“Don’t give it up! The Lives and Stories of the Mabel Stanley Collection”
In 2011, the family of the late Mabel Stanley (1901 – 1979) donated her personal collection of ceremonial regalia and other First Nations items to MOA, with the understanding that the 24 objects would still be accessible to the family and that the Museum would create an exhibition about them. In 2014, students in UBC’s Museum Practice and Curatorship course (Anthropology 431/518) took up the challenge. Mabel Stanley was an extraordinary woman who was born into Kwakwaka’wakw nobility at Cape Mudge, attended Coqualeetza Indian Residential School in Sardis, lost her Indian status through marriage, raised nine children, and became recognized and honoured for her contributions as an advocate for Aboriginal and women’s rights.
Image credit: Photo by the University Extension Department. UBC 1.1/16005-5.
Contemporary Art from Afghanistan: Graffiti Works by Shamsia Hassani
Works by Shamsia Hassani, originally featured in the Traces of Words: Art and Calligraphy from Asia exhibition (2017) are now on display in Case 108 in the Multiversity Galleries.
Shamsia Hassani شمسیا حسنی (b. Iran, 1988) is regarded as the first female graffiti artist from Afghanistan. Through her art, she aims to colour over the sad memories of wars and to bring positive changes to society. Her work often depicts women in burqas, and fish. When she cannot work on the street, she creates a “dreaming graffiti” by painting on photographic images of her city. What about the Dead Fish? (2011) and Words (2012) were originally painted on building walls in Kabul, Afghanistan while Dreaming Graffiti (2012) is from her “dreaming graffiti series”. Learn more about the artist on her Facebook page.
Image Credit: [MOA collection 3280/3] Words by Shamsia Hassani
Traces of Words: Art and Calligraphy From Asia
Asia has an enormous diversity of languages and writing systems. Writing, especially calligraphy, has been a revered art form and has played an important social and political role in Asian traditions ranging from religious texts in Sanskrit to Islamic and Chinese calligraphy. The Asian collection at MOA contains over 18,000 items, about 40 percent of the total holdings, and is the largest collection at the Museum. There is a little known collection of Chinese, Japanese, and Persian calligraphy, as well as various manuscripts such as Southeast Asian palm leaf manuscripts, woodblocks for printing and objects with inscriptions. The items featured in Case 76 in the Multiversity Galleries are the highlights of this collection of approximately 250 items.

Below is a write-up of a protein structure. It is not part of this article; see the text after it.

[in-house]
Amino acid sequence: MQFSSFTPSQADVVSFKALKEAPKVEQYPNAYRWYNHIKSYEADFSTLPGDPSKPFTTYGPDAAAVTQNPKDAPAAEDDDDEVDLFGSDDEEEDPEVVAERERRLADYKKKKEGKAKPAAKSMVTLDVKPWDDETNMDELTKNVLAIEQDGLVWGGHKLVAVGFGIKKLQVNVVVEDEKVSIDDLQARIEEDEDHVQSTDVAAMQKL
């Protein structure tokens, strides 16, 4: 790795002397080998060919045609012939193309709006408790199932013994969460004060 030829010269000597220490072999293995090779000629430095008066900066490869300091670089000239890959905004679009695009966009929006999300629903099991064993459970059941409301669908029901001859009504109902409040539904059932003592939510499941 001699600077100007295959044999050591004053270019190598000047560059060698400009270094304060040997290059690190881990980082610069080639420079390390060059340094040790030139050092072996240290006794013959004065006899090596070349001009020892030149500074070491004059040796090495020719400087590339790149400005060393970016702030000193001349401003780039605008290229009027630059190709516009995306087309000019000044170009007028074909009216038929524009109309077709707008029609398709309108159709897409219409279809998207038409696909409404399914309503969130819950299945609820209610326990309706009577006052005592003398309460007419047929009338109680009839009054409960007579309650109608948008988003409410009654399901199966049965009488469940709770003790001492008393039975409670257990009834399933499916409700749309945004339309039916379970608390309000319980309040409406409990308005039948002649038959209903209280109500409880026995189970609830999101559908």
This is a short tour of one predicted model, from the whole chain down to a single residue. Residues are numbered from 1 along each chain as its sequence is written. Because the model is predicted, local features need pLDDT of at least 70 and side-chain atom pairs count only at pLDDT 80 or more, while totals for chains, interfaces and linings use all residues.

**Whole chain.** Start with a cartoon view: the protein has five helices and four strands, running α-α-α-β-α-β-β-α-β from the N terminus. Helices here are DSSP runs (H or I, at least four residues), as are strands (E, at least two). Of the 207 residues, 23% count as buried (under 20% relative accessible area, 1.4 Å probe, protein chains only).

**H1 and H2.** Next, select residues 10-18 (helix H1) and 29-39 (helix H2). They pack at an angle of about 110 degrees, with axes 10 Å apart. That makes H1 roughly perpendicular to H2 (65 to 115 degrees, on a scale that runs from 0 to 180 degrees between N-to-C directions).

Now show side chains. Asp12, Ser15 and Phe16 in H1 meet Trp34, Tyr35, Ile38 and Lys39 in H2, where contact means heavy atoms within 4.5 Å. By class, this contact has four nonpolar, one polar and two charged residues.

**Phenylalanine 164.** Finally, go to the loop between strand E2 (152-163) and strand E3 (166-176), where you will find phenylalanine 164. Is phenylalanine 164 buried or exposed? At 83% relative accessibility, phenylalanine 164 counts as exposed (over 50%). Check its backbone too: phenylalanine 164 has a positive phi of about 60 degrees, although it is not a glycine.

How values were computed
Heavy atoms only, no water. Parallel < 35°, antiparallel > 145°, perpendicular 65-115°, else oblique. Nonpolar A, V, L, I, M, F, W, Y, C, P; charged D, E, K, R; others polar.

Image credit: Shinpan neko no tenarai (New impression: Cats take calligraphy lessons), MOA Collection: N2.1181
Rapid Response Case
How should museums respond to current events or issues in the world? This small display case in the lobby presents pressing issues of the moment by making connections to what we do at MOA, and promotes constructive social activism that aims to create positive change.
On display now: Trashed Oceans
Oceans play a vital role in sustaining life on our planet. Yet around 8 million tons of plastics enter our oceans each year. Many marine animals and seabirds get entangled in this ocean trash, and many more are ingesting plastics. What can we do about ocean pollution? We can start by reducing single-use plastics and committing to better recycling.
Find out more about the human impacts of this issue in MOA’s Multiversity Galleries. Look for giant “Ghost Net” sculptures made from discarded nets by Erub Islanders in the South Pacific.
See past Rapid Response Cases
Contemporary Korean Art: Wire Sculptures By Key-Sook Geum
Newly acquired works, Blue JangOt (2015) and Dream in Green JoGoRe (2013) by Key-Sook Guem are now on display in Case 73 in Multiversity Galleries. Key-Sook Geum (금기숙) is an artist, fashion designer, and scholar from the Republic of Korea. Having taught and worked in fashion design, Geum combines art with fashion in her exquisite wire sculptures in the shape of women’s clothing.
Guem is inspired by the shapes and styles of clothing from Korea’s Joseon Dynasty (1392–1910). They tell stories about the people who wore them: their lives, aesthetics, and philosophies. Blue JangOt (2015) represents the jangot, a veil in the shape of an overcoat worn by noble women during the Joseon Dynasty. Dream in Green JoGoRe (2013) is in the shape of the jeogori, a traditional shirt worn over the chima, a long, sleeveless dress.
Image credit: [MOA collection 3284/2]. Dream in Green JoGoRe. Made by Key-Sook Geum.